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Technology and Innovation in the Production of Lightweight Kayaks

July 20, 2020

Over the past 49 years, Eddyline Kayaks has been a leader in design and manufacturing innovation. Tirelessly innovating throughout the life of the company, we have been able to bring the technology of plastic kayaks to a new level of performance. 

Over the past 49 years, Eddyline Kayaks has been a leader in design and manufacturing innovation. Tirelessly innovating throughout the life of the company, we have been able to bring the technology of plastic kayaks to a new level of performance. While other manufacturers focused on polyethylene kayaks, which are inexpensive and impact resistant but heavy and prone to abrasion and distortion, we continued to look for superior materials and production processes. In 1995, we found the answer with Carbonlite 2000 and thermoforming technology. These innovations were game changers, allowing us to produce a lightweight kayak that’s uniquely durable. Better yet, they allowed us to honor our commitment to manufacturing in a responsible manner. 

The Material

Since 1995, Eddyline Kayaks has used Carbonlite 2000, which looks and performs like fiberglass. With clear advantages over other plastics, Carbonlite 2000 offers dimensional stability and increased stiffness, higher heat distortion temperatures, easy repairs, superior UV resistance and lighter weights. More simply, this material is more durable and easier to repair, looks great, and makes for a lightweight kayak. Tested over time in a variety of kayak applications, it has proven to stand up to the elements in the hands of many paddlers, liveries, and tour operators.

Unlike many polyethylene kayaks, our Carbonlite 2000 kayaks are thermoformed rather than rotomolded. Using thermoforming in the production of lightweight kayaks requires an additional, and crucial, step in preparing the material. In rotomolding, resin pellets are pulverized into a powder which is added to a two-part mold that is closed and tumbled in an oven until the powder melts, coating the inside of the mold. Thermoforming requires us to first form a flat sheet of material, that is the appropriate size and thickness, from the resin pellets. This additional step allows us to create a sheet made up of two or three layers of compatible materials that are fused into a single layer of even thickness. A typical sheet consists of an acrylic layer that offers UV resistance and a glossy exterior, sometimes followed by a second layer for a special aesthetic effect, such as a metallic or pearlescent look, and a third “muscle layer” that provides the strength and durability.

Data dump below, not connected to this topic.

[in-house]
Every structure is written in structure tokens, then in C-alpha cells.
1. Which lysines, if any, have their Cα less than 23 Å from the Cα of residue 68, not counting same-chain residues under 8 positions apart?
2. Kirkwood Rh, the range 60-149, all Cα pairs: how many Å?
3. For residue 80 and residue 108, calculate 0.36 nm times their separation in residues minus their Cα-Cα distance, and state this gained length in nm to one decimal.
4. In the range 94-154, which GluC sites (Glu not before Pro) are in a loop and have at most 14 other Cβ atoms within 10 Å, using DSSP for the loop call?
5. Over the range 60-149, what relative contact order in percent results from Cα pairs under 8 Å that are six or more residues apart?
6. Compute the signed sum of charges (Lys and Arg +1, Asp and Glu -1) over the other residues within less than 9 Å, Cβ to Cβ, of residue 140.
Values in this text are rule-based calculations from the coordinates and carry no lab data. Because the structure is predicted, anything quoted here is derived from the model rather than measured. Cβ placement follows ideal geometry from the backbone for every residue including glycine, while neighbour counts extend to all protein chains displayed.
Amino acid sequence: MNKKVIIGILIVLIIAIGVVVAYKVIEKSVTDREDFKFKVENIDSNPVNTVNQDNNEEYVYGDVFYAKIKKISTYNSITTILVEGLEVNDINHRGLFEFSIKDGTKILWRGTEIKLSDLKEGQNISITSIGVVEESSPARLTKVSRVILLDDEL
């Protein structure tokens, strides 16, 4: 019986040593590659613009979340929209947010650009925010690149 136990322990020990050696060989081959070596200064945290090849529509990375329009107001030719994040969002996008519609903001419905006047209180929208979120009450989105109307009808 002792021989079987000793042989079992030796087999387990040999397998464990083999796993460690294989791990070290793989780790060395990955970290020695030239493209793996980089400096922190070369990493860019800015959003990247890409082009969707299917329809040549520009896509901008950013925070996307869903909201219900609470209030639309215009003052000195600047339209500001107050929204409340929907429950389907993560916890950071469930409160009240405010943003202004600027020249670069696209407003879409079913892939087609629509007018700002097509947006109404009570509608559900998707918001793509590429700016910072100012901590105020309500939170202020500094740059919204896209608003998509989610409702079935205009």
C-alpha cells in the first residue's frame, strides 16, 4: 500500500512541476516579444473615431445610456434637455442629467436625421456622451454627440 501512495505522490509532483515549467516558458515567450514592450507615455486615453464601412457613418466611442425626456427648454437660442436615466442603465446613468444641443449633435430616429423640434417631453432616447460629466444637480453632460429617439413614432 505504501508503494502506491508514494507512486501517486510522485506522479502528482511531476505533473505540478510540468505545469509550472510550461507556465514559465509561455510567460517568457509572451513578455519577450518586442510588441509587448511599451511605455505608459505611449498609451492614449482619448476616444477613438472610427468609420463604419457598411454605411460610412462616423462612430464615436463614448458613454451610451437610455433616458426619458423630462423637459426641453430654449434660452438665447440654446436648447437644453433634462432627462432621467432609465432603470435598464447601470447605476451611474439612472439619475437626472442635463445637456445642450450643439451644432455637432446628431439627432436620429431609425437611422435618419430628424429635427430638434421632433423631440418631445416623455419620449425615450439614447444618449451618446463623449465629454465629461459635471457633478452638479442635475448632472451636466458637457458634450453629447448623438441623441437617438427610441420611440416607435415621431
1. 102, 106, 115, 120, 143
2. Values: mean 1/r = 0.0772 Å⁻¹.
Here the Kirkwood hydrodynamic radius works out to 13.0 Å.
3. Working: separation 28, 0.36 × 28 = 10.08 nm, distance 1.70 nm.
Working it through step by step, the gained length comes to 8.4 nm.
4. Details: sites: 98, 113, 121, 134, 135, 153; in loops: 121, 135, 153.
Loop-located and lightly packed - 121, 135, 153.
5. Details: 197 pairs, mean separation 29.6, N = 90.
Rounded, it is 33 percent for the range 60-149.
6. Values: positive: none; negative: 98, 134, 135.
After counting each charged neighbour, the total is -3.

The Thermoforming Process

Unlike fiberglass or rotomolded kayaks, thermoformed kayaks are formed over a mold rather than inside of one. There are two big advantages to this process. For starters, with a female mold, the mold determines the surface quality of the kayak. With our thermoforming process and Carbonlite 2000 material, the surface quality is already in the sheet of material and our job is simply to preserve it throughout the manufacturing. More importantly, a male mold will bring the greatest material thickness to the bottom of the hull where the most wear occurs.

 During the molding process, a sheet of material is clamped into a frame that holds it like a piece of glass in a window frame. The frame moves into an oven that heats the sheet to temperatures between 350 and 400 degrees, making the sheet rubbery. The frame then moves out of the oven to a position over a mold. The mold moves into the sheet until the edge seals against the hot material and a vacuum is applied to the mold sucking the material down around the mold and into any fine detail on the mold. We then let the material cool and a kayak part is born. The part is ready after some trimming, rigging, assembly and detailing.

Why is thermoforming a game changer? Well, combined with our Carbonlite 2000 material, it offers a level of quality comparable to fiberglass, both in appearance and performance, but at a lower cost. Advances in thermoforming technology and the plastics used, like our Carbonlite 2000, have made it possible to produce a lightweight kayak that is strong, easily repairable and affordable. Outer surfaces are harder than other plastics and gel coatings, providing better abrasion and UV resistance and no fuzz up. Advances in adhesives have also made the assembly of a variety of plastic parts with high structural integrity possible. These adhesives don’t work well with polyethylene, but they are very well suited to more expensive plastics, like Carbonlite 2000, used in the manufacturing of thermoformed kayaks.

Fiberglass kayaks will probably have the edge for a while when it comes to overall longevity as will polyethylene in the extreme high impact world of white water. However, lightweight kayaks produced using thermoform technology and materials offer impressive value and performance that will, with reasonable care, provide many years of pleasurable use.

The future is bright too. Since Eddyline Kayaks introduced its first lightweight kayaks made using thermoform technology in 1996, several companies have followed suit. We’ll continue to see advances and innovation in this technology, lowering manufacturing costs and improving performance. Most importantly, unused material in this process is 100% recyclable. As more companies join us in the production of lightweight kayaks made using thermoform technology, we’ll continue to see a reduction of production waste and minimize the amount of material hitting our landfills.



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